 We did not see the accident.
 The bus has often arrived late.
The Parts of a Verb
Some words are joined with other words to make contractions. In naming
verbs that appear in contractions, name only the verb. The word not is an
adverb. It is never part of a verb.
hasn’t (has not)
weren’t (were not)
I’ve (I have)
We’d (we had or would)
had or would
Subjects in Unusual Positions
Many sentences begin with the word there. Sometimes there is
used as an adverb modifying the verb to tell where something is or
There stood the boy. (They boy stood there.)
There is our car. (Our car is there.)
In other sentences, there is only an introductory word to help get the
sentence started.
There is no candy in the machine. (No candy is in the machine.)
There are some mistakes here. (Some mistakes are here.)
In most sentences beginning with there, the subject comes after the
verb. To find the subject, first find the verb. Then ask who or what.
Subjects in Unusual Positions
The usual order of words in a sentence is subject-verb.
In many sentences, however, the subject comes after the
verb or between parts of the verb.
Sentences Beginning with Here
Here is the stapler. (The stapler is here.)
Here are your keys. (Your keys are here.)
Unlike there, the word here is always an adverb telling where about
the verb.
Subjects in Unusual Positions
Are you leaving?
Has the mail come?
(You are leaving?)
(The mail has come?)
Sentences Beginning with Phrases or Adverbs
Onto the field dashed the team.
(The team dashed onto the field.)
Finally came the signal.
(The signal finally came.)
Imperative Sentences
In imperative sentences, which state commands or
requests, the subject is usually not given. Since
commands and requests are always given to the person
spoken to, the subject is you.
Since the you is not given, we say that it is understood.
 (You) Bring me the newspaper.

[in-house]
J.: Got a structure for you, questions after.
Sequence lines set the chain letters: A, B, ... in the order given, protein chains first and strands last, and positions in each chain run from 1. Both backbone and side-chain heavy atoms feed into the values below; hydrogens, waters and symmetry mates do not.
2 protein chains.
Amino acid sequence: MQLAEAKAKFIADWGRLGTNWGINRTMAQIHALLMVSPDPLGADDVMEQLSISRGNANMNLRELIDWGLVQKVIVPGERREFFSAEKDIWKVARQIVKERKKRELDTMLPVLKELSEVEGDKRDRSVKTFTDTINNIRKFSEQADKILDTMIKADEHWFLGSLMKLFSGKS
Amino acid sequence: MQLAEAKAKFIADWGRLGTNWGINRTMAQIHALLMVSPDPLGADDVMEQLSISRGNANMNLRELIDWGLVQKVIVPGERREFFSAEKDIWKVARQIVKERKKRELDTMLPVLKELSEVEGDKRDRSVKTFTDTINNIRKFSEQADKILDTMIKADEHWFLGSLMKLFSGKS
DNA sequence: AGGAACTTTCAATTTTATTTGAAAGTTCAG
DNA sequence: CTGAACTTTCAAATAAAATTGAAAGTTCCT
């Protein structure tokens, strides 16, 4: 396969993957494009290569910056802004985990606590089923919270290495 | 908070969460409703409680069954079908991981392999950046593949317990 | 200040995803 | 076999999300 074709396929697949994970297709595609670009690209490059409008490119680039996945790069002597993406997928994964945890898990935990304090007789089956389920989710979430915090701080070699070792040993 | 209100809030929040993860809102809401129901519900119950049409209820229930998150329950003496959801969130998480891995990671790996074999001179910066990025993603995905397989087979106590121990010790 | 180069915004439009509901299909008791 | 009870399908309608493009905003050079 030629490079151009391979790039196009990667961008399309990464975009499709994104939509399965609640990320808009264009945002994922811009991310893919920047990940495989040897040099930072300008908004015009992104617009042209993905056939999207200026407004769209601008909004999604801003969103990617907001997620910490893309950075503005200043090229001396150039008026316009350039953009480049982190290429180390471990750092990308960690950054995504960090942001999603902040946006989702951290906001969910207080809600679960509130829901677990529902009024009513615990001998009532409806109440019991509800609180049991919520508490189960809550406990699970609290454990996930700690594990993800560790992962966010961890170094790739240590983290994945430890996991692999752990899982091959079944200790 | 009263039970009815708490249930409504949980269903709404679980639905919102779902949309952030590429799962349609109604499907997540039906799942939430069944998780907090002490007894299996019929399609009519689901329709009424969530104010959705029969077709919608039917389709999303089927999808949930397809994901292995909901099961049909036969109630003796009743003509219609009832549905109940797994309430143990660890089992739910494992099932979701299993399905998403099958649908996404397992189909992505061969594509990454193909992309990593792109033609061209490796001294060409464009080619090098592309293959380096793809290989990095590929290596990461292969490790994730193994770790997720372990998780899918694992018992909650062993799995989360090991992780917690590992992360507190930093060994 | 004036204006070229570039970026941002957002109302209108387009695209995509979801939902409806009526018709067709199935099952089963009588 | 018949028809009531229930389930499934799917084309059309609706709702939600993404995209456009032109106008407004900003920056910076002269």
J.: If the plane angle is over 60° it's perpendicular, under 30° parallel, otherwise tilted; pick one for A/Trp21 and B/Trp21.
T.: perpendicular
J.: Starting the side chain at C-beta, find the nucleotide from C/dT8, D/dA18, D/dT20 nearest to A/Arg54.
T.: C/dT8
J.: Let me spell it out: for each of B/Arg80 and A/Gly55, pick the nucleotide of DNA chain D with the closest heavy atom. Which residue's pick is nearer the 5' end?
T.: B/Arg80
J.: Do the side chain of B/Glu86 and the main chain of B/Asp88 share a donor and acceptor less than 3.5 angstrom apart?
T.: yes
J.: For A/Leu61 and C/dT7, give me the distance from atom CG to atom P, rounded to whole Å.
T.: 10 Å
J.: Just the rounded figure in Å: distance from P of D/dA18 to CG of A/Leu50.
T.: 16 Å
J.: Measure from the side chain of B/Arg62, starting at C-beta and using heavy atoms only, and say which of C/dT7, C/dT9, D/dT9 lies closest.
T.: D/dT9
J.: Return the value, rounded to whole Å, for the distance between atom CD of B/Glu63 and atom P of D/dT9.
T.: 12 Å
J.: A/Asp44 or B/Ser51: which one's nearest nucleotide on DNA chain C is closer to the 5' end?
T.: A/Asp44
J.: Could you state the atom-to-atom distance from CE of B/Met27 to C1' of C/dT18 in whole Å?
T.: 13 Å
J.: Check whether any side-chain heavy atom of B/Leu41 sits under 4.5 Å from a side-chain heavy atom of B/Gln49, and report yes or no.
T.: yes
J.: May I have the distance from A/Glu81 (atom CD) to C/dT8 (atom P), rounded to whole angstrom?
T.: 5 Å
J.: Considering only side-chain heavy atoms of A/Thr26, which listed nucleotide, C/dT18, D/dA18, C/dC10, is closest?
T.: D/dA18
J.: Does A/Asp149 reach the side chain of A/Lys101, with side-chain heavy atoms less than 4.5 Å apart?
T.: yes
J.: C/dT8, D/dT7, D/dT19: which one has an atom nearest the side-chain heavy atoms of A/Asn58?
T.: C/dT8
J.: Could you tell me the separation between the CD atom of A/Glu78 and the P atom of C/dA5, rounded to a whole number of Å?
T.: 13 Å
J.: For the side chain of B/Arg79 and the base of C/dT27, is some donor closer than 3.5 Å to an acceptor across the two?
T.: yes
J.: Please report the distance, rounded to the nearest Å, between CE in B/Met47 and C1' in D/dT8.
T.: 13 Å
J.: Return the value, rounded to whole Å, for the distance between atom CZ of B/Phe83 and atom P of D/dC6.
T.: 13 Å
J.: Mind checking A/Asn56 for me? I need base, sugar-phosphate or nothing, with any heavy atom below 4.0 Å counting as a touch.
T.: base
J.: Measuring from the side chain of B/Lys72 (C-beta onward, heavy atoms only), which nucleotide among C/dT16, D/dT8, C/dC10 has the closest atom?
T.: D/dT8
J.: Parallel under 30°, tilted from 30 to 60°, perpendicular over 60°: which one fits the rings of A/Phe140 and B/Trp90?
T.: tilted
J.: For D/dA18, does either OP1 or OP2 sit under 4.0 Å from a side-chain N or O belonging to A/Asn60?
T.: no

 (You) Wipe your feet.
 (You) Get out your homework.
Sentence Fragments
A group of words that is only part of a sentence is called
a sentence fragment. A sentence fragment is a group of
words that does not express a complete thought.
A fragment is confusing because something is missing
from the sentence. Sometimes the subject is left out,
and the reader wonders who or what the sentence is
about. At other times the verb is omitted. Then the
reader wonders what happened? or what about it?
Sentence Fragments
Shifted into a lower gear.
(Who shifted?)
The quarterback near the ten-yard line.
(What happened?)
In the middle of the road.
(Who or what is in the middle of the road?
What is happening there?)
Finding the Verb and Its Subject
The verb and its subject are the basic framework of every sentence.
All the rest of the sentence is built around them. To find this
framework, first find the verb. Then ask who or what before the
verb. This will give you the subject.
My mother’s cookies melt in your mouth.
Verb melt
What melts? cookies
Simple Subject cookies
You will be able to tell a fragment from a sentence easily if you
keep your eye on subjects and verbs.
Sentence Fragments
The trucker shifted into a lower gear.
The quarterback fumbled near the ten-yard line.
The car stalled in the middle of the road.
Fragments Due to
Incomplete Thoughts
What’s missing in each of the following?
In our neighborhood
Scampered up the oak tree in the front yard
The horoscope in the daily paper
Draws with charcoal or ink
Fragments Due to
Incomplete Thoughts
When a writer is in a hurry, he or she sometimes
jots down only bits of ideas. The writer’s pen
doesn’t keep up with the flow of ideas.
Often the writer understands these fragments of
ideas. However, they will probably seem
unclear to a reader because at least part of the
subject or the predicate is missing.
Fragments Due to
Incorrect Punctuation
All sentences end with punctuation marks. The
mark may be a period, a question mark, or an
exclamation point. Sometimes a writer uses one
of these punctuation marks too soon. Because
the idea is incomplete, a sentence fragment
Fragments Due to
Incorrect Punctuation
Cars with brake problems. Were recalled by the
Are you going? To Cedar Point?
A diver freed a dolphin. From a fishing net.

The Simple Sentence - Perry Local Schools